Comments

12 people like this
Posted by AlamedaCountyNative
a resident of Foothill Farms
on Mar 17, 2016 at 12:41 pm

This is just the Peripheral Canal in sheeps clothing and has already been voted down at least once if not twice. LA County has more water wasters than any other county in Calif. Why should we give them water we don't have and pay $8.5 million a year to do it so Beverly Hills can fill their pools and wash their cars.17


Like this comment
Posted by Pete
a resident of Downtown
on Mar 17, 2016 at 6:22 pm

I wonder if our water has been tasted for lead.


14 people like this
Posted by Get Water Wise
a resident of Birdland
on Mar 18, 2016 at 5:15 pm

I was in attendance at the meeting. What struck me was to total disregard for the thoughts and concerns of the people when is
This matter was brought up. That Board took a straw poll before opening the meeting to the public and only 2 members - Holmes and Grayson expressed concerns and were willing to ask tough questions.

Bill Stevens needs to go - he is up for election in June he told the audience "I've already made up my mind and nothing you say will change it because I have been thinking about this for years and you (the audience) is a bunch of idiots if you don't see it like I do.

The manager was just as bad - remind that she is the same one who sweet talked the board into 15% raise for herself and the next month told the board what horrible financial shape zone 7 was in and recommended a 25 % water rate increase.

Furthermore there was NO notice given by zone 7 about what is the single most important water issue the state faces right now - thank God a few friends who are watching the zone tipped us off to it otherwise they would have taken the vote to support this boondoggle of a project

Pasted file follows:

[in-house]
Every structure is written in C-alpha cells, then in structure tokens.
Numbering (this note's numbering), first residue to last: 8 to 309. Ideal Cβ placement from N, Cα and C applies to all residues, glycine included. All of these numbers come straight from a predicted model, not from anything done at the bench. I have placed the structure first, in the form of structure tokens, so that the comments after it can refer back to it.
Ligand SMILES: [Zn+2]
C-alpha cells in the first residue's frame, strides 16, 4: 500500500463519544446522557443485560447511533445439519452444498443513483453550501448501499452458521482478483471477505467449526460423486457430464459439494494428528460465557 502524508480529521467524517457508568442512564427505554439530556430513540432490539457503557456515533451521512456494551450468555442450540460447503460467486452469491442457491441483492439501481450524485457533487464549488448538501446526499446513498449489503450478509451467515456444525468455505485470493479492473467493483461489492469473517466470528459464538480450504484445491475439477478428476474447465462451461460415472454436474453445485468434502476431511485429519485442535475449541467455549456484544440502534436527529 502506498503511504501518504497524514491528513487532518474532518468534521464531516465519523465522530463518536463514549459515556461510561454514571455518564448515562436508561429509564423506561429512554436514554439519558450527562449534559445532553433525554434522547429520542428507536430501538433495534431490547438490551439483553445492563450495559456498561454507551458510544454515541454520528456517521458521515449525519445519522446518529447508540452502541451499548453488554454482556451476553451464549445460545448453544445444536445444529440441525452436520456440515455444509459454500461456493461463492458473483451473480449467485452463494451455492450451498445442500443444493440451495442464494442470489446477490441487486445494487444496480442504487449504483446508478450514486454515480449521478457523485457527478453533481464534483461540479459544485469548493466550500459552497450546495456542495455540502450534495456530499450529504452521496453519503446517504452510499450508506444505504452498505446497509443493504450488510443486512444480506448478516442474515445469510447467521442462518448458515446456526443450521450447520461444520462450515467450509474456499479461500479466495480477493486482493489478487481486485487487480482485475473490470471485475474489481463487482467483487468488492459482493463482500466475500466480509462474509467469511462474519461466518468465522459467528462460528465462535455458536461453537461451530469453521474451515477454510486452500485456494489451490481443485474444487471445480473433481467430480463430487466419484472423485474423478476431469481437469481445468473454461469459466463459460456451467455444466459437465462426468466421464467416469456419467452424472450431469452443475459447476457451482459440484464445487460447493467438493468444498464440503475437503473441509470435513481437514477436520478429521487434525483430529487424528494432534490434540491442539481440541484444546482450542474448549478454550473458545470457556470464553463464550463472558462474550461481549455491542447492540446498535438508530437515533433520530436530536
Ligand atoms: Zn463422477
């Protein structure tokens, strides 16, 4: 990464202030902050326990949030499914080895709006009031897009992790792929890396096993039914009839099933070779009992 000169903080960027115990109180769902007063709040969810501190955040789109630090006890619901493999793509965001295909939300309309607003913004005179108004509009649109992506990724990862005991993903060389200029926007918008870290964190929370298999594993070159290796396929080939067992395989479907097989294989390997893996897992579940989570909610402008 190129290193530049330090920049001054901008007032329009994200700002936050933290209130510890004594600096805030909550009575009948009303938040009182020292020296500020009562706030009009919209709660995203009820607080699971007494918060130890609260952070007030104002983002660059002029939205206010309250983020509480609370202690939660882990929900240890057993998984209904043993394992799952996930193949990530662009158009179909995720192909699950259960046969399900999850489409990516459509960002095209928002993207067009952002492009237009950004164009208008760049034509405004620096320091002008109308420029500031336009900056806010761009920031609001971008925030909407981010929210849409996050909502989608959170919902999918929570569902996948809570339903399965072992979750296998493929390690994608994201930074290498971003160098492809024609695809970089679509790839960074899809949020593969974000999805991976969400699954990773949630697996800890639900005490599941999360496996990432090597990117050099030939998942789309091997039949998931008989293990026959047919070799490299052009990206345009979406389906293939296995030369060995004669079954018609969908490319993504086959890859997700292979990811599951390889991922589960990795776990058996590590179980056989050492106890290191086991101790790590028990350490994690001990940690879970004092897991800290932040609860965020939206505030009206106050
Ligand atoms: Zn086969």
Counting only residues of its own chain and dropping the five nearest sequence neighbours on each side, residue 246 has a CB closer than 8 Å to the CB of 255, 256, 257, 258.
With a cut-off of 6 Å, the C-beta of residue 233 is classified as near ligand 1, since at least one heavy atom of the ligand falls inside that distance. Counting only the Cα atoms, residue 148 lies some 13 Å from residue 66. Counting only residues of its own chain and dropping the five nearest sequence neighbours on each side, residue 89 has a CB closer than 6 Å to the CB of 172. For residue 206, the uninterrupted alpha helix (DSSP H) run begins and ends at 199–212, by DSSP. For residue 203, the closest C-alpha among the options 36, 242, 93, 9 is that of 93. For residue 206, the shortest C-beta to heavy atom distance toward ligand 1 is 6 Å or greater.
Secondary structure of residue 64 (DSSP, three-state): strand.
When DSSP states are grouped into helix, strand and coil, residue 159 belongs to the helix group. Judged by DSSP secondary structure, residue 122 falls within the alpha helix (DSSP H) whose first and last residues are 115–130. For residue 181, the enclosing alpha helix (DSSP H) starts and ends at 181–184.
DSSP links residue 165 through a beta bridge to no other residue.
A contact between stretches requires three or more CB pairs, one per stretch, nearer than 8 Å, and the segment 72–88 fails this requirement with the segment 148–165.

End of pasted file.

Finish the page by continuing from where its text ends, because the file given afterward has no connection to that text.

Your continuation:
3 people like this
Posted by Robin Hood
a resident of Dublin
on Mar 20, 2016 at 3:15 pm

Thank you to Director Jim McGrail and Director Angela Ramirez Holms for their leadership in the Board meeting on March 16, 2016. All the other directors had already made their minds up to support this project before hearing what the residents think. The behavior of the Zone 7 directors was pathetic for a public agency. This meeting was a sham, going through the motions but doing what the General Manger and a few "good old boys" directors wanted. The Alameda County Grand Jury determined that Zone 7 was not transparent to the public last year and recommended Zone 7 televise their meetings for public viewing. After viewing this meeting I am glad they decided to take the recommendation. It was shocking to see a meeting so poorly run. Director Stevens temper seems to have gotten the best of him. I can only imagine what occurred before the meetings were televised. Elections are right around the corner. Please watch the Channel 29 broadcast of the March 16, 2016 meeting to see for yourself how these directors conducted themselves.


Like this comment
Posted by So Fed Up
a resident of Amador Estates
on Mar 21, 2016 at 8:26 pm

The arrogance of this agency is beyond belief.

I sure hope our City Council, which I trust will listen to the residents, takes up the tunnels and takes a strong oppose position. Doing so would send a strong message to Zone 7 - if they even care to listen to the people!


Like this comment
Posted by ???
a resident of Birdland
on Mar 21, 2016 at 8:35 pm

3 of the boards members are up for reelection in June. All 3 are running as well as 4 challengers. It's really important to do your homework on this race. The only way we are going to get change is with a new board!!!